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What Was Alternative Manga? What Was Alternative Manga?

The Fukui Ei’ichi Incident and the Prehistory of Komaga-Gekiga

Tezuka Osamu (right) and Fukui Ei'ichi (left), in the offices of Manga Shōnen, early 1950s.

Tezuka Osamu (right) and Fukui Ei’ichi (left), in the offices of Manga Shōnen, early 1950s.

Though generous to his fans, and generally warm with his peers, Tezuka Osamu (1928-89) was not above letting professional jealousy get the best of him. The first time this trait reared its head in public was in 1953, when, in a series about comics-making and comics aesthetics for Manga Shōnen, the new prince of manga took a swipe at his foremost competitor, Fukui Ei’ichi (1921-54), who was older than him by seven years.

The series in question, Manga Classroom (Manga kyōshitsu), had begun serialization the previous year. It was partially modeled after Manga College (Manga daigaku), the best-selling tutorial Tezuka had created in 1950 for the Osaka publisher Tōkōdō.

Manga Shōnen (November 1952), cover by Ōtsuki Sadao and Nagata Toshio showing Tezuka Osamu doll in diorama.

Manga Shōnen (November 1952), cover by Ōtsuki Sadao and Nagata Toshio showing Tezuka Osamu doll in diorama.

After dominating the Osaka akahon market, Tezuka had only recently begun working for Tokyo magazines. The legendary Jungle Emperor (Janguru taitei, 1950-54), published in the same Manga Shōnen, was one of his first such serials. Manga Shōnen was famous not only as the home to this proto-Lion King title, but also as a venue to which young cartoonists could submit short four-panel work for review by Tezuka or the magazine’s editors or other contributing artists. Select submissions received critique within the magazine’s pages. The best received a small pin badge as award. Amongst the youngsters who got sucked into a life of cartooning through this exchange were Ishinomori Shōtarō, Akatsuka Fujio, both halves of Fujiko Fujio, Tatsumi Yoshihiro, and Sakurai Shōichi.

Manga Classroom was designed to support and expand this fan-amateur world’s sphere of influence. It offered simple instruction about such basics as what pen to use, how to structure jokes, how to express emotion, how to express movement, and how to apply color. It also provided jocular commentary on the aesthetics of comics in the four-panel and especially the extended breakdown formats. Sometimes submitted cartoons appeared directly in the series’ pages. This was not necessarily a blessing. Professor Anything and Everything (Nandemokandemo hakase), Tezuka’s avatar and narrator for the series, might praise your work for its good drawing or clear structure. But more likely, your ham-fistedness would be upheld as an example of how not to cartoon.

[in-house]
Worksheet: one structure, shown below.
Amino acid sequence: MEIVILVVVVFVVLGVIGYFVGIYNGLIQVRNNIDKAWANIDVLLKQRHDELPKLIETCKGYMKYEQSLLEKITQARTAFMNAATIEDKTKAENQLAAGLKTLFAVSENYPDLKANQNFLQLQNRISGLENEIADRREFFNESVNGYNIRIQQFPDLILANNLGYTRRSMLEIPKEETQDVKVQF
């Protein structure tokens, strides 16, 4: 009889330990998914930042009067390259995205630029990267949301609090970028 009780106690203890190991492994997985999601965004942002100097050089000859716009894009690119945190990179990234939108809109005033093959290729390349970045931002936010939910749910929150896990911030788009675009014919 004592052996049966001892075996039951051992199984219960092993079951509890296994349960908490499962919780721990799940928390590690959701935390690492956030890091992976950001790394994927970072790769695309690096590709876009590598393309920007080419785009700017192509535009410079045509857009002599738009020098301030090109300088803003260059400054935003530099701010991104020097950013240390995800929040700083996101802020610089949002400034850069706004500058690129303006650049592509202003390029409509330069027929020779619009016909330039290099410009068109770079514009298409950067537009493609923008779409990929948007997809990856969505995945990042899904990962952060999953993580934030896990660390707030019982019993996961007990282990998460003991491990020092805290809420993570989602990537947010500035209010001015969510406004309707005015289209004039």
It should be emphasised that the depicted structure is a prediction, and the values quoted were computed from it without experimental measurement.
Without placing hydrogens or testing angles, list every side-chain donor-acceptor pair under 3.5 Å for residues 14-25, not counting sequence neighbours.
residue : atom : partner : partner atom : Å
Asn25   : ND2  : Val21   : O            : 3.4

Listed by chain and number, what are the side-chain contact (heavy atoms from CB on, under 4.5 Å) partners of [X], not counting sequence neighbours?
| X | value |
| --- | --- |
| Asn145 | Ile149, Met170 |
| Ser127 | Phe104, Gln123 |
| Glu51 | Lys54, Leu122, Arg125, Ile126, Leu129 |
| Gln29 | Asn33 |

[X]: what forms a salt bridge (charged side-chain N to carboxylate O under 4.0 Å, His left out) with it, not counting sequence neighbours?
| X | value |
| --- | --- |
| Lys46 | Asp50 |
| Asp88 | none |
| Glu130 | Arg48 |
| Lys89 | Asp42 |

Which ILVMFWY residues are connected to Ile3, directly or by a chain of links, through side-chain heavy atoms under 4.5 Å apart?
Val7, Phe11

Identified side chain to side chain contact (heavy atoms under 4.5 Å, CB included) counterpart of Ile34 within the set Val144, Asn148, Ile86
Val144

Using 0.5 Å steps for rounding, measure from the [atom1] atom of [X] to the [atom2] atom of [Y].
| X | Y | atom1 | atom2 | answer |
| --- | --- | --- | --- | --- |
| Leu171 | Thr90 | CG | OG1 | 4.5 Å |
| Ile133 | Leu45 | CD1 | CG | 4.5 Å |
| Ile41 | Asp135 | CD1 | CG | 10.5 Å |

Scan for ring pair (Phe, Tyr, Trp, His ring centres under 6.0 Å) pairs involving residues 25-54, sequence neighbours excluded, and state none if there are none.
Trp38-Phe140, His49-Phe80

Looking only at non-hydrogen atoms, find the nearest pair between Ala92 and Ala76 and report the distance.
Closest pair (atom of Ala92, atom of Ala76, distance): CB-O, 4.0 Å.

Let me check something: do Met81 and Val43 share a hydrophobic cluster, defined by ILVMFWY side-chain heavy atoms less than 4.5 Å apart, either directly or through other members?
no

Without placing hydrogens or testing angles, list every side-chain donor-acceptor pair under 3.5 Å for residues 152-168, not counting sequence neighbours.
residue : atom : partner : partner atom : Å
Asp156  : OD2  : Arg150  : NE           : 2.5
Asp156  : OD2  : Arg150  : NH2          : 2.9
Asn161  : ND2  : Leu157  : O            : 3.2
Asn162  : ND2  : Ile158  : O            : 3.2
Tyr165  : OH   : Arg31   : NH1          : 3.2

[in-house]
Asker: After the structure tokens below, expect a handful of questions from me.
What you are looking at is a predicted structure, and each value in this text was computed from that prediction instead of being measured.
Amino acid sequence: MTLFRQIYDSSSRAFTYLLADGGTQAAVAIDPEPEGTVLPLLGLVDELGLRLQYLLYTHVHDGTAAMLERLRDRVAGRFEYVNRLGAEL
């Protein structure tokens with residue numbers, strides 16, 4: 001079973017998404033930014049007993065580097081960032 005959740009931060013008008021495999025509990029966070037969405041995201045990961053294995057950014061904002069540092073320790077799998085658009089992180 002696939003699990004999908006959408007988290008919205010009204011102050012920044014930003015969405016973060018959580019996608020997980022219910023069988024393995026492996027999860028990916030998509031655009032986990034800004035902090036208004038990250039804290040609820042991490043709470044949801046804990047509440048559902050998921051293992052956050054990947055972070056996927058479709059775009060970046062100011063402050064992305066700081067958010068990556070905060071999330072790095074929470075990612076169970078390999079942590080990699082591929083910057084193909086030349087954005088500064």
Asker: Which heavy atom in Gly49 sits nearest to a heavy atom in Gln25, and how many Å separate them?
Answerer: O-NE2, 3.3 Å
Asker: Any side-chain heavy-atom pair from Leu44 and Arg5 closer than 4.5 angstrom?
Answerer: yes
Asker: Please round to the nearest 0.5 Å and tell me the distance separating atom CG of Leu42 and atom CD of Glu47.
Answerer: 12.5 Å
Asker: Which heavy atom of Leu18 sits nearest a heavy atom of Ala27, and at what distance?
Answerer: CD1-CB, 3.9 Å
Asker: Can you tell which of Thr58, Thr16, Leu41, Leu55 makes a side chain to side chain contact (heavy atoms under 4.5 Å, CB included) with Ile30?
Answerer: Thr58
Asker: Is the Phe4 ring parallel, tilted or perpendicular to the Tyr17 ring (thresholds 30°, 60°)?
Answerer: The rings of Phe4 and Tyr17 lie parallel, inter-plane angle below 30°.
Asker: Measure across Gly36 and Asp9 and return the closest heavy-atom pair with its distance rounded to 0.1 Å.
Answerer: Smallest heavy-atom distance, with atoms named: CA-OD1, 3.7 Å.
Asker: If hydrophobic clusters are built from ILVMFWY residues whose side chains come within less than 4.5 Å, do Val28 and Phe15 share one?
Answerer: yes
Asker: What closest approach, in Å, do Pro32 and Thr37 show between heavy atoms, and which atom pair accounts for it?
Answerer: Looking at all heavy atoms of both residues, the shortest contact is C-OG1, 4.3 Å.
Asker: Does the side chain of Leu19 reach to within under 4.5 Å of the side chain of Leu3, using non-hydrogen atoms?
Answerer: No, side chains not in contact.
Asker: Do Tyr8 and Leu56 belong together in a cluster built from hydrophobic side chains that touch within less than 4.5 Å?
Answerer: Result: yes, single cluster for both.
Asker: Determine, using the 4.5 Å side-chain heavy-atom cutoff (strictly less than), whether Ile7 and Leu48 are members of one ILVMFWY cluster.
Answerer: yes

Kids were in no position to fight back. When Professor Anything and Everything turned his attention to the work of other professionals, however, he courted trouble. Stiff prewar comics and contemporary adult manga (meaning, not porn, but wiry multi-panel comics for men’s humor magazines) receive repeated joshing. So on occasion do Tezuka’s peers within children’s manga. Manga Shōnen was far from a best seller. But given its status amongst discriminating amateur cartoonists, Tezuka knew, as others knew, that whatever he said in Manga Classroom, the kids were sure to pay attention to. It was the perfect place for Tezuka to build allegiances, in other words. It was also the perfect place to make enemies.

Such was the so-called Fukui Ei’ichi Incident. By turns silly and tragic, this famous episode in the history of early postwar manga marks an important juncture in the evolution of Japanese comics form. It also provides crystal example of how manga’s new hero was no angel.

Tezuka Osamu, Manga Classroom, in Manga Shōnen (circa autumn 1953).

Tezuka Osamu, Manga Classroom, in Manga Shōnen (circa autumn 1953).

The inflammatory segment of Manga Classroom was titled “New Modes of Expression” (“Atarashii hyōgen”). Published in Manga Shōnen in the autumn of 1953, it opens with the Professor striding across the page, demonstrating what manga used to look like back before the war, how “like on a theatre stage . . . manga characters simply walked entered and exited from one side [of the panel] to the other.” He adds, “Ain’t that boring, kids?”